Growth heterogeneity in broiler breeder pullets is settled before the onset of feed restriction but is not predicted by size at hatch

C. Lindholm*, J. Jönsson, A. Calais, A. Middelkoop, N. Yngwe, E. Berndtson, J.J. Lees, E. Hult, J. Altimiras

*Corresponding author for this work

Research output: Contribution to journalArticleAcademicpeer-review

3 Citations (Scopus)


Uniform growth is a desirable trait in all large-scale animal production systems because it simplifies animal management and increases profitability. In parental broiler flocks, so-called broiler breeders, low growth uniformity is largely attributed to the feed competition that arises from quantitatively restricted feeding. As feed restriction is crucial to maintaining healthy and fertile breeders, several practices for reducing feed competition and the associated growth heterogeneity have been suggested and range from nutrient dilution by increasing fiber content in feed to intermittent fasting with increased portion size (“skip a day”), but no practice appears to be entirely effective. The fact that a large part of the heterogeneity remains even when feed competition is minimized suggests that some growth variation is caused by other factors. We investigated whether this variation arises during embryonic development (as measured by size at hatch) or during posthatch development by following the growth and body composition of birds of varying hatch sizes. Our results support the posthatch alternative, with animals that later grow to be small or large (here defined as >1 SD lighter or heavier than mean BW of the flock) being significantly different in size as early as 1 d after gaining access to feed (P < 0.05). We then investigated 2 possible causes for different postnatal growth: that high growth performance is linked 1) to interindividual variations in metabolism (as measured by cloacal temperature and verified by respirometry) or 2) to higher levels of social motivation (as measured in a social reinstatement T-maze), which should reduce the stress of being reared in large-scale commercial flocks. Neither of these follow-up hypotheses could account for the observed heterogeneity in growth. We suggest that the basis of growth heterogeneity in broiler breeder pullets may already be determined at the time of hatch in the form of qualitatively different maternal investments or immediately thereafter as an indirect result of differences in incubation conditions, hatching time, and resulting fasting time. Although this potential difference in maternal investment is not seen in body mass, tarsometatarsal length, or full body length of day-old chicks arriving at the farm, it may influence the development of differential feed and water intake during the first day of feeding, which in turn has direct effects on growth heterogeneity.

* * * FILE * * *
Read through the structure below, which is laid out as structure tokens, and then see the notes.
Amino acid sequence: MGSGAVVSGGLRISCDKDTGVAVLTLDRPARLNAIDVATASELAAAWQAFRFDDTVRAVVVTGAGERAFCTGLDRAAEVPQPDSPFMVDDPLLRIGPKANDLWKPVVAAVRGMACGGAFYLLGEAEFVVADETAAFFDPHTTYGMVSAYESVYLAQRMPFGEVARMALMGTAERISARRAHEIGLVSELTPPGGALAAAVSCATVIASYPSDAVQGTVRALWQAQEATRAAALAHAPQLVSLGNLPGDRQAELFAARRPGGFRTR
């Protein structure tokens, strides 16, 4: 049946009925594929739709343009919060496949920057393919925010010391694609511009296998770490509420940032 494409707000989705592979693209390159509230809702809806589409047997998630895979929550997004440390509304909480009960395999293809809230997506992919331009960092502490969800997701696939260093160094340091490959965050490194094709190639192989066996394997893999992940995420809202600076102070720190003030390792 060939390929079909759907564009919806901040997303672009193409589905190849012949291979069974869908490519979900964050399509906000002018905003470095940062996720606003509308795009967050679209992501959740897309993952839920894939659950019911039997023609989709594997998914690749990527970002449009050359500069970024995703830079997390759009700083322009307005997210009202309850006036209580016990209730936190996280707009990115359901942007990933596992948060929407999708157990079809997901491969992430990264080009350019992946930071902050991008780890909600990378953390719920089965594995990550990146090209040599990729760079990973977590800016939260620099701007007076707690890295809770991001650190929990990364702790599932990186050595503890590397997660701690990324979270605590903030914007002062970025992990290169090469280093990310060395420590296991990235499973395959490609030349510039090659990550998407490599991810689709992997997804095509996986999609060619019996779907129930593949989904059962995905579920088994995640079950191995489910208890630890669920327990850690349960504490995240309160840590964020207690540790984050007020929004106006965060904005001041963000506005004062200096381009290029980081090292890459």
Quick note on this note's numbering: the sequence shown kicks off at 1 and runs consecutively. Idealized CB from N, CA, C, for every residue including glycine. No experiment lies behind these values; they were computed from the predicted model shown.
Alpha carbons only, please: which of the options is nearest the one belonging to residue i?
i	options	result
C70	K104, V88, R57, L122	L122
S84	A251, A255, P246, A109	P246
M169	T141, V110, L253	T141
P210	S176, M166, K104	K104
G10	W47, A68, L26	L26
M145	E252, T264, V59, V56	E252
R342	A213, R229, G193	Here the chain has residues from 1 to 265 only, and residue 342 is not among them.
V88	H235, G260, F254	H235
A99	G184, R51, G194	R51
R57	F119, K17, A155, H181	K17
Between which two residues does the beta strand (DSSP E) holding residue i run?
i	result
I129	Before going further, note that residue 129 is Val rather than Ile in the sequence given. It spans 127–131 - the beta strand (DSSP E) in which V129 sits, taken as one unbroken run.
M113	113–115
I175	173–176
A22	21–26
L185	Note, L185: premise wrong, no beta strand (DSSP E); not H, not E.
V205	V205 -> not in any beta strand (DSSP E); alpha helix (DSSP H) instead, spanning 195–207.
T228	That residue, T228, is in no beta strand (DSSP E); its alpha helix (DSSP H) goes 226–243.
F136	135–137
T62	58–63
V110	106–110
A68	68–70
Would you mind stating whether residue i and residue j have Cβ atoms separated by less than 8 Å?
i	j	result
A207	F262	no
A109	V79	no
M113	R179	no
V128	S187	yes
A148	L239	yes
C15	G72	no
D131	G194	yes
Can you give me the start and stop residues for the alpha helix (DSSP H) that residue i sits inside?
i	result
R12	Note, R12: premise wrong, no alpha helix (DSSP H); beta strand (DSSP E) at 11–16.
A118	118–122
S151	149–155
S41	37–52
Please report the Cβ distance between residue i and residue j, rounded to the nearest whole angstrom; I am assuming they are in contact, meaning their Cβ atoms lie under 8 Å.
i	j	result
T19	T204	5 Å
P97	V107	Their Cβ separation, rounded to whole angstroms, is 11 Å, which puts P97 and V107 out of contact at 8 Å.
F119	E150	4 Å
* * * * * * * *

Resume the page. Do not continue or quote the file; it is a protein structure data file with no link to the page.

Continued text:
Original languageEnglish
Pages (from-to)182-193
JournalJournal of Animal Science
Issue number1
Publication statusPublished - 2017


  • Broiler breeders
  • Feed restriction
  • Growth uniformity
  • Ontogenetic growth
  • Poultry
  • Resource allocation

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